By Bridget Welsh
Sunday, May 6, 2012
Road to Malaysia's day of destiny
By Bridget Welsh
By Bridget Welsh
With well over 100,000 people gathering last week for electoral reform in the largest street protest in the nation’s history – and the event marred by violence by both state and non-state actors alike – Malaysian politics has reached an important impasse.
The Bersih 3.0 rally and its aftermath reveal that the path ahead for Malaysian politics will grow even more contentious and complex. As the different ‘Bersih stories’ pour in, ranging from ‘ordinary’ heroism to the darker accounts of beatings and abuse of power, the move of Malaysian politics outside of the realm of elite to the streets and social media is both empowering and scary.
Prime Minister Najib Razak’s decision not to accommodate the concerns of the protesters last week, and even to demonise their actions, now prods Malaysia further along the road to its day of destiny, where the political fate of Malaysia’s 54-year government will be determined. So far, the routes chosen are one of confrontation rather than compromise, making resolution to differences even more difficult.
Before the rally, I argued that four actors would shape politics around Bersih 3.0 – the youth, the middle class, the police and East Malaysians. Of these, three were decisive on rally day itself (the latter will grow more so as elections approach).
The youth and the middle-class attended the rally in large numbers, marking a new generation’s engagement with politics and transforming a largely apathetic middle class into a more engaged electorate.
Those wearing yellow and green included Malaysia’s soccer moms, the shopping mall princesses, disgruntled students, retirees and usually reticent professionals.
These individuals comprised those who had for years enjoyed the air-conditioned comfort of Malaysia’s success, yet with different levels of concern and angst chose to brave Kuala Lumpur’s hot and humid conditions on April 28. It was uncomfortable, but overwhelmingly, this embrace of discomfort shows how engaged Malaysians are with hot-button political issues and their willingness to stand up and be counted.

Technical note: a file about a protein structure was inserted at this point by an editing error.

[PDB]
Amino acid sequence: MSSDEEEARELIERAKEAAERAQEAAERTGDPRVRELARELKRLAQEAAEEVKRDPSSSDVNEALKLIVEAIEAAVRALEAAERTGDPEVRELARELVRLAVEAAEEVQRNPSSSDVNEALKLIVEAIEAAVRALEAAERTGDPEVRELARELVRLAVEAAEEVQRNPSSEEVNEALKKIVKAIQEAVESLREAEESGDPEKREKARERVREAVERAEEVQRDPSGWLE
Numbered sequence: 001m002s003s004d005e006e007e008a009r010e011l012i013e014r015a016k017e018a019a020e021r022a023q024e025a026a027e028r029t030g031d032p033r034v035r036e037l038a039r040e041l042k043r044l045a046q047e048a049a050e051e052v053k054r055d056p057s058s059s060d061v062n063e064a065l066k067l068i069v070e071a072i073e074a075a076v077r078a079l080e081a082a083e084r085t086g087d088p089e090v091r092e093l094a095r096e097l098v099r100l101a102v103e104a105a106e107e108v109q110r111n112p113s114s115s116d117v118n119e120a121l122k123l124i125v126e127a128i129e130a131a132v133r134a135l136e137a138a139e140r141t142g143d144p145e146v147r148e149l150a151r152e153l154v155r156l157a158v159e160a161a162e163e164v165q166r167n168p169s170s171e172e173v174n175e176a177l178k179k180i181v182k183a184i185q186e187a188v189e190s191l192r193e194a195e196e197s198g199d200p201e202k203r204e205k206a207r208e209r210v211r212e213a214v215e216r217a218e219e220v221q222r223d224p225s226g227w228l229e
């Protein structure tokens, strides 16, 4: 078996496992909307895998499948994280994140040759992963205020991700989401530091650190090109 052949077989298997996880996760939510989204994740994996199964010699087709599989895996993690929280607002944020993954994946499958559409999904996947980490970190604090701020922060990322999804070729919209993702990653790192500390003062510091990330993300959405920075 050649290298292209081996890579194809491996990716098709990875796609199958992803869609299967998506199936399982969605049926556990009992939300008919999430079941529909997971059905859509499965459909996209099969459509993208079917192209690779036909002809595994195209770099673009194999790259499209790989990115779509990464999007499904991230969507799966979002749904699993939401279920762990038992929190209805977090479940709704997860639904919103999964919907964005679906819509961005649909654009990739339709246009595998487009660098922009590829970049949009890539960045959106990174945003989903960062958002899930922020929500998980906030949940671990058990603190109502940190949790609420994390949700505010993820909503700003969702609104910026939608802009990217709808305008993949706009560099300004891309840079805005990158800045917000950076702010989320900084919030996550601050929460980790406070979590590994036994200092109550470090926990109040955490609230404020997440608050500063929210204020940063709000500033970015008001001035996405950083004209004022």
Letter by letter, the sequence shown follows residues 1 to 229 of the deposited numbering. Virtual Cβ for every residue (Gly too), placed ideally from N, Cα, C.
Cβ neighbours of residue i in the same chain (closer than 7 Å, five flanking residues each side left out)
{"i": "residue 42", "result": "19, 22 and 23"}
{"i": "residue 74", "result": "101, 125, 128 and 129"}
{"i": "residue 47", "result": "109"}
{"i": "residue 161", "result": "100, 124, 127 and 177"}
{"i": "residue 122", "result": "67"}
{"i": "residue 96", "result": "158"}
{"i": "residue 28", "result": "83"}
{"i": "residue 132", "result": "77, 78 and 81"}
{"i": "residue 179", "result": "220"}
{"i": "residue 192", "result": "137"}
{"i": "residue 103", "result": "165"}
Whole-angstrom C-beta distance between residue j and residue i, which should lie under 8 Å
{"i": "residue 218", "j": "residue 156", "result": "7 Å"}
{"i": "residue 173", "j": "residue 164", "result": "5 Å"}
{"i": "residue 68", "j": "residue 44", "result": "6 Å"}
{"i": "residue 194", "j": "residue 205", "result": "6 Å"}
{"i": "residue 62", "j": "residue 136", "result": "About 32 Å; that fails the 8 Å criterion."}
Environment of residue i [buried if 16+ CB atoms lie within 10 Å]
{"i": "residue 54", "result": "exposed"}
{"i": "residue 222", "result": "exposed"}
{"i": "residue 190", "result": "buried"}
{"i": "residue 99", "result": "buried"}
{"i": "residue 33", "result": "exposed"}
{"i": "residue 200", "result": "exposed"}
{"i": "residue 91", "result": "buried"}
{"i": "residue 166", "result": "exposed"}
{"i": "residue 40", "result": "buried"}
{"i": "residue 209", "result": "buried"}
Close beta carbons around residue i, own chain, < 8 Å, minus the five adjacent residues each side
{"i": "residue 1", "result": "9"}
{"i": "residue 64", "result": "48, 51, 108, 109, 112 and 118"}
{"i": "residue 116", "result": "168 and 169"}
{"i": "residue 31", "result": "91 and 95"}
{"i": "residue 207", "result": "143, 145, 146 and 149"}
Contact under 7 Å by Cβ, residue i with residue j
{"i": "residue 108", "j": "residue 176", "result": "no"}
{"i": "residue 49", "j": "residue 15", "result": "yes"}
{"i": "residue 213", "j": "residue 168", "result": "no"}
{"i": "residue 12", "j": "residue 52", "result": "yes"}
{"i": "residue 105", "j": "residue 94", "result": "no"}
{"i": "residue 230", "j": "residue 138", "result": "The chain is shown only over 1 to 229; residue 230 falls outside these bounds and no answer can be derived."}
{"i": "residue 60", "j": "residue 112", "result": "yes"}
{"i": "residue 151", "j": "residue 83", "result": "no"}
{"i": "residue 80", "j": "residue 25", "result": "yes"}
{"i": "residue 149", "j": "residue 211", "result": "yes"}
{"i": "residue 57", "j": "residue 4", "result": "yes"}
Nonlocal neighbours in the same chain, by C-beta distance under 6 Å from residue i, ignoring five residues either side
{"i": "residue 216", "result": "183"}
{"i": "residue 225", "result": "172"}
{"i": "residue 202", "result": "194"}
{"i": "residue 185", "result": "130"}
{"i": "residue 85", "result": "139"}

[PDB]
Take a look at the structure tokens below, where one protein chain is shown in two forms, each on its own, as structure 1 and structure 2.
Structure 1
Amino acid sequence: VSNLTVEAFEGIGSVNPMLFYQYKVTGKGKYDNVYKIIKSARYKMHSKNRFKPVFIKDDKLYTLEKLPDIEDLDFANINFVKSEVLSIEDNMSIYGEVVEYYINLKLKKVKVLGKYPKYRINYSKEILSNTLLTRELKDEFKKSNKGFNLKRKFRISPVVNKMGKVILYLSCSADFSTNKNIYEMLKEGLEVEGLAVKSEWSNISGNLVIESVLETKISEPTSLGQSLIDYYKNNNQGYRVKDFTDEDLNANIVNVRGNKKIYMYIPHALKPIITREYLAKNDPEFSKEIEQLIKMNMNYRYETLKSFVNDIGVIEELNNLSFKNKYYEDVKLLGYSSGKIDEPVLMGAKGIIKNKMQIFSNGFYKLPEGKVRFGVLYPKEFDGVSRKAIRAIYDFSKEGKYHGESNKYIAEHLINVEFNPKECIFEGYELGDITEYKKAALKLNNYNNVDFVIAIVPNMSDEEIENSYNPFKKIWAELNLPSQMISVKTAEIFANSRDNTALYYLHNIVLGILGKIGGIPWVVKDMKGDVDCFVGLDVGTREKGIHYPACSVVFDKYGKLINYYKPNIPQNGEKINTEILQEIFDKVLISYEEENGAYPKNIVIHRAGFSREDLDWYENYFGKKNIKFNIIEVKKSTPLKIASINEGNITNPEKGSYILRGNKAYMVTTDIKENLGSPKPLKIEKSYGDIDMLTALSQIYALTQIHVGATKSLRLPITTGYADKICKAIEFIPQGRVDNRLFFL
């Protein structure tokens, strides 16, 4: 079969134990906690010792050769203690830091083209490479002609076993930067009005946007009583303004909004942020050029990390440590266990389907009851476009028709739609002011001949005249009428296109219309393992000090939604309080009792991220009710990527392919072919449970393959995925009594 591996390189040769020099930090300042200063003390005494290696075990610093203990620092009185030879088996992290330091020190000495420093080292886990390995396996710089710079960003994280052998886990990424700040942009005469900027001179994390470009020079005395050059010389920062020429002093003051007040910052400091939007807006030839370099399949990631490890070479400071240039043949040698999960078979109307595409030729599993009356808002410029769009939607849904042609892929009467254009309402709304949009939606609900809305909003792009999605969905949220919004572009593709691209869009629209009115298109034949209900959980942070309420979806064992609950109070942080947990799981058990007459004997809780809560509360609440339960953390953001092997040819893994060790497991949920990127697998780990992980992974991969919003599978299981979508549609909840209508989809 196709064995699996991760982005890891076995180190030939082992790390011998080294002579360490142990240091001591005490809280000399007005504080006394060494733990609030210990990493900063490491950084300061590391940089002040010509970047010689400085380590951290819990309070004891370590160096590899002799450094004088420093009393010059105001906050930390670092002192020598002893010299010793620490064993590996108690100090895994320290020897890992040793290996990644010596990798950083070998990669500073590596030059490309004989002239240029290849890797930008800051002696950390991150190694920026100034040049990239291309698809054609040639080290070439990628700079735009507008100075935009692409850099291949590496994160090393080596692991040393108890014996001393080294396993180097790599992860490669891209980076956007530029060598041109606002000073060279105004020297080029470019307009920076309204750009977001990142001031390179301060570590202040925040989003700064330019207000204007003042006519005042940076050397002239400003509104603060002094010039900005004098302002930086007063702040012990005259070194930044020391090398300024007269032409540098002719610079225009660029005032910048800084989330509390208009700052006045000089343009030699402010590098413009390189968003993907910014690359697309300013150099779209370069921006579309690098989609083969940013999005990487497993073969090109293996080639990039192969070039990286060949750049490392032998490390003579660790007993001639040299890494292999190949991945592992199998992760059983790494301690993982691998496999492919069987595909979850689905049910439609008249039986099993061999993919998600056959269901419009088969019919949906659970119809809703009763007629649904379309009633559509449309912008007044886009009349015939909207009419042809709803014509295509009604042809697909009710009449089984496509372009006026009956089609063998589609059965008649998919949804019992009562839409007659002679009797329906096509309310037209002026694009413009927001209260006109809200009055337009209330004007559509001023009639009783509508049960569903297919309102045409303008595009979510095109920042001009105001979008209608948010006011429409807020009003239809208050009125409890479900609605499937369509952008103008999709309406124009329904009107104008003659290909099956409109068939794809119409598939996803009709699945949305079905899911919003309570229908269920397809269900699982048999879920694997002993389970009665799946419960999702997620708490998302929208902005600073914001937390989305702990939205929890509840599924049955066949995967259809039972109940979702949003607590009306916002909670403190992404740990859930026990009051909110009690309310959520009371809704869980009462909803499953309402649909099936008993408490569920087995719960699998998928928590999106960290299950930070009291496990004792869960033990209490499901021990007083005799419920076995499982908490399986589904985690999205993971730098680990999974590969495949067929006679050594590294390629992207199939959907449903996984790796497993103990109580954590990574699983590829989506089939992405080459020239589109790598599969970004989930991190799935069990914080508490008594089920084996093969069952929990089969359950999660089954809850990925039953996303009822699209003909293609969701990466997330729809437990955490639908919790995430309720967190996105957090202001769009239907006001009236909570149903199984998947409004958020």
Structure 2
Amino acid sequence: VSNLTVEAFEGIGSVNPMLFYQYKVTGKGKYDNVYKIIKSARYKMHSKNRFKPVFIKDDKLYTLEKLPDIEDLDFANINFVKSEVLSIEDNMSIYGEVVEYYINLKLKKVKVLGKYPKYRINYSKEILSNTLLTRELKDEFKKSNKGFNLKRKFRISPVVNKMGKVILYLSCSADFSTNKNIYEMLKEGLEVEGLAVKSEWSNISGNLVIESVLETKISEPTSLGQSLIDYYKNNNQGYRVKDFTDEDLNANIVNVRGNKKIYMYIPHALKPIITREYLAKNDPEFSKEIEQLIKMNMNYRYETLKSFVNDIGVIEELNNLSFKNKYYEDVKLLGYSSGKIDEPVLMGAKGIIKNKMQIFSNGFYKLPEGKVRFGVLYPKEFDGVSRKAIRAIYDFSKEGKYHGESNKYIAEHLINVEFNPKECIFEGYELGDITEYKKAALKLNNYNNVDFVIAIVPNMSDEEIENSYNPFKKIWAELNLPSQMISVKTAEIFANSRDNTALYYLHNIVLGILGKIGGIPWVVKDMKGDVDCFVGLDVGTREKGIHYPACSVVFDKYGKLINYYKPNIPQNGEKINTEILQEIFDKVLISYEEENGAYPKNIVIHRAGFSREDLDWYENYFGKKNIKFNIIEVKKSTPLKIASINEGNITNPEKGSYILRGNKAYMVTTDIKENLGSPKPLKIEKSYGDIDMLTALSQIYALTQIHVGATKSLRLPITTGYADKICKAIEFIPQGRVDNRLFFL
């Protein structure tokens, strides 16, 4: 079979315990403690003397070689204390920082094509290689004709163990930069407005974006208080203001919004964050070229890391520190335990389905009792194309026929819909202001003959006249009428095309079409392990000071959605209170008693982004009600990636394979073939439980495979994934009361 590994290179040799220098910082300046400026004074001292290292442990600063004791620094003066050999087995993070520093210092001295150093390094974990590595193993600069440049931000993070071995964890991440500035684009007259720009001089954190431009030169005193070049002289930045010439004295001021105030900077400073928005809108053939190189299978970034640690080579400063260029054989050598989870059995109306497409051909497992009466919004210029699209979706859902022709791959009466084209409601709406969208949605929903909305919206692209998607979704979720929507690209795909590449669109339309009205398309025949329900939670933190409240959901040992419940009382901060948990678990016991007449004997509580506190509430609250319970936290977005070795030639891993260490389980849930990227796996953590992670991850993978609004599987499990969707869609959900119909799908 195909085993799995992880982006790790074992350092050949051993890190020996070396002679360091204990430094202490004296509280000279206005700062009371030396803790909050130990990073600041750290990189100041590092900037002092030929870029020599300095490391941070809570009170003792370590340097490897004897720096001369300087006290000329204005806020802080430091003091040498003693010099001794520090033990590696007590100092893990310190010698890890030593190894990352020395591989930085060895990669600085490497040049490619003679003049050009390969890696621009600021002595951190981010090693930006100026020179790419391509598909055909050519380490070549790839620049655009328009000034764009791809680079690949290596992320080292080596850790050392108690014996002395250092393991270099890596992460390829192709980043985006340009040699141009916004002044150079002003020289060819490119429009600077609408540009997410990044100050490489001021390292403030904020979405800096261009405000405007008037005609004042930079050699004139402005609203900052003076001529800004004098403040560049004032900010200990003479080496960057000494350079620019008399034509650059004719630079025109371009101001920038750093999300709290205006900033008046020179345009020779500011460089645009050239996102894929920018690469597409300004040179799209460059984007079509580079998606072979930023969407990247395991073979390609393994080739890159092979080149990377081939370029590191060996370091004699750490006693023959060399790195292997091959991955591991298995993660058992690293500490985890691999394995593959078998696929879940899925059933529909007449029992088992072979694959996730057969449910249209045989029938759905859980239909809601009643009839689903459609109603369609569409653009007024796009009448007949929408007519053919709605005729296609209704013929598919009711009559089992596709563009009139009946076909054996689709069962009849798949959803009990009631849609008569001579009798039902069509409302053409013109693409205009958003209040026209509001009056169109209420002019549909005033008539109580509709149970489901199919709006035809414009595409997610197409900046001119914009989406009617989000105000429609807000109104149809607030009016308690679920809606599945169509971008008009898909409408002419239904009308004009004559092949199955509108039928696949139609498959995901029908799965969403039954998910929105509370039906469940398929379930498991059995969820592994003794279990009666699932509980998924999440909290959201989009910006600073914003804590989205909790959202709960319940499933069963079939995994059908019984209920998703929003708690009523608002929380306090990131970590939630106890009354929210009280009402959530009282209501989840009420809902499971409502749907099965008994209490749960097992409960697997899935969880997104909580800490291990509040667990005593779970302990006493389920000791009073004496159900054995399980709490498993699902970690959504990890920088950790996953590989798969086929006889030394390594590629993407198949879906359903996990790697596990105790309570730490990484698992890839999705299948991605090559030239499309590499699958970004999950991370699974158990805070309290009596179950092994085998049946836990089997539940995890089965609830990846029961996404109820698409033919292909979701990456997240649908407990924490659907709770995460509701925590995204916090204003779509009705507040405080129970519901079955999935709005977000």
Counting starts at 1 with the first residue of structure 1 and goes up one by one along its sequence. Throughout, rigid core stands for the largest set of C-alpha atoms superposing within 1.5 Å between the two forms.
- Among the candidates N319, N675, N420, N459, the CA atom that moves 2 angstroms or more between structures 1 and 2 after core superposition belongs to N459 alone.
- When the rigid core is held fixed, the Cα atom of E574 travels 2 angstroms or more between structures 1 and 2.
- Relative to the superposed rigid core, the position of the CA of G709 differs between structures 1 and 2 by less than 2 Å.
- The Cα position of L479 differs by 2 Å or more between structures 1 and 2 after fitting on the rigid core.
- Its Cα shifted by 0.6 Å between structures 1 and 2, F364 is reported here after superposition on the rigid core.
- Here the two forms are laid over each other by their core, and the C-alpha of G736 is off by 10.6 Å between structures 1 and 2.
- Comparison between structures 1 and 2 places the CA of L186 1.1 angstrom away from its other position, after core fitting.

They were there because they see the country moving in the wrong direction and wanted to make it right. At the very least, the Bersih rally revealed the shortcomings of the country’s leaders in addressing the concerns of a large, important and increasing number of its citizens.
Much of the attention focused on the third actor, the police, whose over-the-top actions in the use of tear gas and their attacks on journalists have permanently stained their reputation among those connected to the rally.
For those not at the rally, the picture is less clear as the mainstream media has manipulated the event in an attempt to snatch the moral high ground, with the government going as far as censoring the international media and destroying cameras. Often the characterisation of police action has been one of black and white, where in actual fact there is much more gray, and views are evolving as more and more stories are shared.
Questions will remain about the breaching of the barricade, and unless a truly independent party investigates, the ‘he said, she said’ dynamic will be rife with conspiracy theories that breed confusion and suspicion rather than promote genuine respect for the rule of law.
Ultimately, Malaysian voters will decide on who ordered what and why, as the truth cannot be censored with over 100,000 Malaysians from all walks of life sharing their experiences back inside their air-conditioned homes through a social network that directly and indirectly touched over half of the electorate.
Bersih 3.0 was a nationalistic event, a moment of patriotism. What is striking to see are two conflicting ‘Save Malaysia’ narratives that have emerged. The first is one that is shared by rally attendees and its supporters as those who braved the tear gas decided to come out to ‘save’ the country.
This vision is one in which the event becomes a turning point towards greater freedom and empowerment. The symbolism of Dataran Merdeka runs deep as this nationalist narrative is one of rights and fairness.
The core of electoral reform involves guaranteeing that the voice of the people is heard fairly and freely. As such, for Bersih supporters attending the rally, it was about this democratic image for the country as it hopes to move towards a stronger system based on integrity and inclusion.
This stands in stark contrast to the alternative image based on a more reactionary nationalism, one in which the threat is defined as the protesters, ordinary people, who are challenging the status quo. They were portrayed as attacking the country, first on the police force and then later the incumbent system as a whole.
This government-linked ‘image building’ has attempted to showcase the protesters as national security threats (needing barbed wire), immoral actors who are ‘dirty’ rather than clean. Embedded in this narrative is the image that the protestors are anti-Malay, initially as attackers of the Malay police force and later as supposedly immoral individuals.